As you will soon see, if you take full responsibility for yourself, combining ho’oponopono with an enlightened awareness of your inner family, you will have a powerful way to care for yourself, and to heal every part of your life.

To quote Dr. Hew Len: “You take good care of yourself. If you do, all will be beneficiaries”.

Another Perspective on Care

As preparation for what is to come in this post, I would invite coaches, counsellors, light workers, psychiatrists, therapists, and social workers to ask themselves the following questions.

Am I subtly manipulating my charges, clients, patients, or cases into compliance?

Am I starting with the assumption that they’re in need of my services? That they’re ineffective, ineffectual, blocked, or dysfunctional? That they need to be worked on?

That they need to be directed, healed, or saved?

If you are, then I would kindly suggest you stop doing this.

Why? Because it reveals your ignorance about what is really going on.

And because there’s a better way. A much better way.

It starts with this simple assumption:

They’re coming to you to give you a chance to look at what’s going on in you.

This bears repeating.

They’re coming to you to give you a chance to look at what’s going on in you.

Parents and teachers would do well to heed this advice. Where discipline is concerned, they would do well to learn that it applies just as easily to them and their children or students.

Have I caught your attention yet? I have? Good.

What am I talking about here?

In the beginning …

In a ward for the criminally insane, at the Hawaii State hospital in 1983, everything seemed to be in a state of decay.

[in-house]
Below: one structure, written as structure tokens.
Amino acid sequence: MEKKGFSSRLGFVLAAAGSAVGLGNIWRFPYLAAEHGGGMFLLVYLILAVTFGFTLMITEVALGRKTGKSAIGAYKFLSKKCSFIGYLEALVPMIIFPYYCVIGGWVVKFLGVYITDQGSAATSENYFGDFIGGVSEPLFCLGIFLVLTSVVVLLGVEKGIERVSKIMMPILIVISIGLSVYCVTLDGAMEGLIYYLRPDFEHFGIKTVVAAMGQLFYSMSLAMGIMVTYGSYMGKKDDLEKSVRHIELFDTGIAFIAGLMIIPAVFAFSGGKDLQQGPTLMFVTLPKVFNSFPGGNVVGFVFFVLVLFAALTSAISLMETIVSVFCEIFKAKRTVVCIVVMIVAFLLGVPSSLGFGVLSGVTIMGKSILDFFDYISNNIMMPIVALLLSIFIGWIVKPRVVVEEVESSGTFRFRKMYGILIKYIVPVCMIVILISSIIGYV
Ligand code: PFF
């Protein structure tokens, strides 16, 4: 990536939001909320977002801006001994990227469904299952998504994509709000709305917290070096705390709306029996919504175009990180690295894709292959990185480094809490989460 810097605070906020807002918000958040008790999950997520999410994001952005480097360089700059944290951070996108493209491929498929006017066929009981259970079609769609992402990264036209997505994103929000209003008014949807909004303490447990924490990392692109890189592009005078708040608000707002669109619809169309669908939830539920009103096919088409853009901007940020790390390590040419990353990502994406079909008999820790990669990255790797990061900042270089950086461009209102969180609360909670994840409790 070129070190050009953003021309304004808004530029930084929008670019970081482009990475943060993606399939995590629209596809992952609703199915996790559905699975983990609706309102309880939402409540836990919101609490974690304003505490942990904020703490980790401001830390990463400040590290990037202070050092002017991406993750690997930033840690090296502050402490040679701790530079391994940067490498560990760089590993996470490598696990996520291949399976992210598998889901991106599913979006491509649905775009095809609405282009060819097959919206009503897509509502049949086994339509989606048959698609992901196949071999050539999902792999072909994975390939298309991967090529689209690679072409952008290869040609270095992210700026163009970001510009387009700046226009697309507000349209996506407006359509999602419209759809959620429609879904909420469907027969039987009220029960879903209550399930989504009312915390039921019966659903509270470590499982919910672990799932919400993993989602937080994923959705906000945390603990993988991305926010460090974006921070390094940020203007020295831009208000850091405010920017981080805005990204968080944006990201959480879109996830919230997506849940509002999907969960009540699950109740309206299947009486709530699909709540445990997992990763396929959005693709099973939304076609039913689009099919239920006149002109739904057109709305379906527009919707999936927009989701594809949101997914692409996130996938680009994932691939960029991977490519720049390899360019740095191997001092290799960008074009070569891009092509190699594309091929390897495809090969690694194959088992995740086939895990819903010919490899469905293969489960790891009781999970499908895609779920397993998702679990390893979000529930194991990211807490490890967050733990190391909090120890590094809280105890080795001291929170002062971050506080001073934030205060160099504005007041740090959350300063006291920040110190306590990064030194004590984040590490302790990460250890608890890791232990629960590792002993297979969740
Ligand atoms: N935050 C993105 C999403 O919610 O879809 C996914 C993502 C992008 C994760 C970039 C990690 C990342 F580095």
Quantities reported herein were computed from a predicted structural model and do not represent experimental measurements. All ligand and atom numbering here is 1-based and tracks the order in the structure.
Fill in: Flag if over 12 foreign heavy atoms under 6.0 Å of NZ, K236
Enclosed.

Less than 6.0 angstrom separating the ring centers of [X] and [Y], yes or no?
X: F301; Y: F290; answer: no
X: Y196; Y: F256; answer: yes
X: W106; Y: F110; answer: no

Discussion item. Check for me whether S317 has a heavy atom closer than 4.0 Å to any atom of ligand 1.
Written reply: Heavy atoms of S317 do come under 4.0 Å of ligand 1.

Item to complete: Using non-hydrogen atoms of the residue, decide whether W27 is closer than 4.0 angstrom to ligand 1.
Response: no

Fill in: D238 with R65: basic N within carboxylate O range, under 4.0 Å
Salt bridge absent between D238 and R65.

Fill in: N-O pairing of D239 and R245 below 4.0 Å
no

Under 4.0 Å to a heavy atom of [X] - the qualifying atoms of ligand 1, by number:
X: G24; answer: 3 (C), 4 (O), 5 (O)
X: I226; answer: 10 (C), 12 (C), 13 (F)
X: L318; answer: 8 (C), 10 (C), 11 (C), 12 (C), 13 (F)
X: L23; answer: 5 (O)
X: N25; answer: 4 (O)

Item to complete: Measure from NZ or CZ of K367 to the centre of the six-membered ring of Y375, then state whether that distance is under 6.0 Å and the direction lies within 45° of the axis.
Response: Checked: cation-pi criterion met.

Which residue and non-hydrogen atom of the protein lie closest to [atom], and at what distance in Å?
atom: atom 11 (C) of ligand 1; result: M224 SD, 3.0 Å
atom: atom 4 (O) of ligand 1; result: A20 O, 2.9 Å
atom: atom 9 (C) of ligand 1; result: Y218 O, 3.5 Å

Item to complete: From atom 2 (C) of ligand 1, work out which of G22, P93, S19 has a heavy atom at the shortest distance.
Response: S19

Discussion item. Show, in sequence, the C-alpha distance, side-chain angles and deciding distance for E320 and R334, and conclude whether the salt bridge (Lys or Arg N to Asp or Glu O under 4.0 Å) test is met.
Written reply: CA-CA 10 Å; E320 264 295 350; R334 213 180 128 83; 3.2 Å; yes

Not a day would pass without an inmate attacking a fellow inmate or staff member.

Not only had the inmates committed heinous crimes, they had also been certified as insane. Either that or they were being checked to see if they were sane enough to stand trial.

Employees of the ward were careful to brush the wall when they saw an inmate approaching them in a corridor. Although shackled, such inmates were not immune to displays of extreme hostility.

All of the seclusion rooms were in use. Because of their relentlessly threatening attitude, many inmates never saw the light of day – no sunlight and fresh air for them.

The scarcity of staff was a common occurrence. Much of the time, employees, nurses, and wardens would prefer to be on sick leave rather than face their dangerous, depressing work environment.

In such an environment, toilets flushed by themselves and showers turned on spontaneously.

According to one nurse, the place was so bleak that not even the paint would stay on the walls after they were painted. Imagine that.

But all of this began to change after the arrival of Dr. Ihaleakala S. Hew Len.

What he did; What he didn’t do

Dr. Hew Len did something unusual in circumstances that seemed utterly hopeless to everyone concerned. He took 100% responsibility for his experience.